Electric mass-driver catapults to beat Royal Navy cuts?

New tech could save Blighty's carrier force


Why not have powerful carrier airgroups? Well, it could make the RAF look a bit feeble

The catch is that CATOBAR would make the carriers more expensive, and they are being paid for now - whereas the planes are to be bought mostly in a few years' time. Short-term savings almost always trump any consideration of overall cost in the MoD and Treasury.

CATOBAR isn't a totally simple thing to provide in the Queen Elizabeth and Prince of Wales, either, as they are to be gas-turbine powered and will have no steam to work ordinary catapults. The US Navy is committed to electromagnetic cats in its next carrier, but there remain fears that this technology will not work - though small-scale studies here in the UK have produced positive results, and it has recently been confirmed that work is ongoing.

Electric catapults would be an ideal option for the new Brit carriers, as they are to have electric transmissions like most new warships and thus should be able to find the necessary power without trouble.

In many ways a switch to CATOBAR is a no-brainer for the Royal Navy: it has risks, but all other paths would seem to mean the loss of at least one air group and/or ship, meaning that there would often be no carrier available in a crisis. And an aircraft carrier is, for most kinds of crisis, much more useful than anything else the navy might send. Frigates and destroyers, for instance, are largely limited to holding cocktail parties once they arrive on scene.

But, thus far, institutional inertia has ruled. There are other factors too: the RAF now controls the joint navy/airforce Harrier formation which is to be replaced by the new carrier planes, and the men in light blue are positively against the UK acquiring anything which might make their much-desired Eurofighter and beloved Tornado deep-bomber force look bad.

F-35s, either B or C type, might easily embarrass the RAF's favoured planes with their stealth capabilities. Even F-18s would tend to show the Eurofighter and in some circumstances the Tornado in a bad light as strike planes. In particular, it might very well make more sense in terms of bang for buck to buy F-18 "Growler" electronic-warfare/defence-suppression planes to join an existing fleet than it would to expensively enhance the Eurofighter (designed as a pure air-defence platform) to the point where it could tussle with well-equipped enemy air defences as the RAF would like.

Then there's some resistance to CATOBAR even in the Fleet Air Arm, whose Harriers have historically been able to cope with heavy seas and the resultant pitching decks better than French CATOBAR jets have. That said, the new UK carriers are to be big enough to cope with quite bad weather without lurching about too much, and new auto-landing tech is also set to make arrested landings - long seen as one of the most difficult of aviation feats - a great deal easier or even hands-off.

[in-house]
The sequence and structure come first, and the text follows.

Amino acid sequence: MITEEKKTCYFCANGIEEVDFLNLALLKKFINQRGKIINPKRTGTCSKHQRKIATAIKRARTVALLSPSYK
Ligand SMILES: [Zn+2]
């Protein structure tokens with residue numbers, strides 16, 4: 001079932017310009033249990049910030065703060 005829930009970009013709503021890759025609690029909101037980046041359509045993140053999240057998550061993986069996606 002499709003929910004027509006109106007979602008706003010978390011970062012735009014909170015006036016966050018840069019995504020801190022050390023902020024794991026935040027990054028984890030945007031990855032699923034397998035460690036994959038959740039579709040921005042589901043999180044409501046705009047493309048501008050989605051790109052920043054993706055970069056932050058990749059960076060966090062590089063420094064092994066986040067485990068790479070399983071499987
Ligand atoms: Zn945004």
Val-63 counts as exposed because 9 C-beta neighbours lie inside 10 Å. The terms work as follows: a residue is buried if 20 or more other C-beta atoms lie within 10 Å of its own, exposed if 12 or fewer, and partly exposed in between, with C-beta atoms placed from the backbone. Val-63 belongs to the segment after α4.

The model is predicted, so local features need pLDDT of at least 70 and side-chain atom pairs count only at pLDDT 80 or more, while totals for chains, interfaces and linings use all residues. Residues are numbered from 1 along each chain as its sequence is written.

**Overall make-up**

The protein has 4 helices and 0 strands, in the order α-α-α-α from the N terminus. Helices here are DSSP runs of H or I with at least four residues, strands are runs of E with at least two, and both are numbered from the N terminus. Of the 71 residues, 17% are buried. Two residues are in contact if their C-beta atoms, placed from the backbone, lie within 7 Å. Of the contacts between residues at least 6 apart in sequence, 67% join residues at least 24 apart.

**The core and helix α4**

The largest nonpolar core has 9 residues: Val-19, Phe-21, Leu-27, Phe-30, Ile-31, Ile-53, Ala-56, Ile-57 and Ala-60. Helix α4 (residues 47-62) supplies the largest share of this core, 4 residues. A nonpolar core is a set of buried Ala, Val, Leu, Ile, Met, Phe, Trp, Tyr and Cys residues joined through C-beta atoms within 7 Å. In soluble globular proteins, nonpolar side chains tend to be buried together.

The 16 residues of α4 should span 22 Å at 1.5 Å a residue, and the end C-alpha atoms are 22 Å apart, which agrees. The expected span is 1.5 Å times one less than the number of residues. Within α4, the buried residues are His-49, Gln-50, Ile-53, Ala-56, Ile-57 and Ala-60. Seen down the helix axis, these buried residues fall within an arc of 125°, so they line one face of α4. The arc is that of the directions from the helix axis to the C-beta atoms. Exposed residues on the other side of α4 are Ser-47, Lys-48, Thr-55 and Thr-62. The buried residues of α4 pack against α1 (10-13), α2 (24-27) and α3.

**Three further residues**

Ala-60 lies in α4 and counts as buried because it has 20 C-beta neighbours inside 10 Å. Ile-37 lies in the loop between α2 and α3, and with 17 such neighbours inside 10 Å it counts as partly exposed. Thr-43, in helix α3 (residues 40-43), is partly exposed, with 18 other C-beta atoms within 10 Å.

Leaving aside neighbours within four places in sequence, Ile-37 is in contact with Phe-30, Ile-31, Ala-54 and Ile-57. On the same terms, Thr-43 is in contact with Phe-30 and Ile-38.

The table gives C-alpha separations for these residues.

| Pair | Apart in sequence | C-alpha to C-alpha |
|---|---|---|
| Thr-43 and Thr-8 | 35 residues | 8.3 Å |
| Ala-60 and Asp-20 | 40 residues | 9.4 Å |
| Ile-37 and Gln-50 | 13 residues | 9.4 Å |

Parts of British industry would welcome the idea - the shipyards, and UK electric-catapult experts Converteam. But the aerospace sector, which usually wields more political clout, would be upset. Rolls-Royce would lose some sales of its vertical-lift fan and nozzle kits for F-35Bs (though the main customer, the US Marines, would still be there). In the event of the F-18 option being taken up, BAE Systems plc would probably find that lost F-35 work would outweigh the gains in its shipyards.

In theory this shouldn't matter in a defence and security review, but the UK arms biz is about the only body outside the government which ever gets listened to behind closed MoD doors (in particular those of ministerial offices both there and in Downing Street). So while the public has been robbed of any vote in the Review - by the disgraceful cross-party pact in which it was agreed that no policy would be set by anyone until after the election - the arms biz has not.

So there's a severe bureaucratic struggle ahead for the RN should it want to try and get the CATOBAR/cheap-airgroup plan through the current defence review, and even some in dark blue uniform would be against the idea. But overall it would offer a big saving of cash and a much more powerful navy, so it's a plan that taxpayers (voters, after all) should probably be in favour of. The reported training-up (subscriber link) of RN CATOBAR pilots is a small hopeful sign.

The defence review is still all to play for, as the current furious battle of bureaucratic leak and ministerial speech indicates. The eventual result in the autumn will be an interesting one. ®


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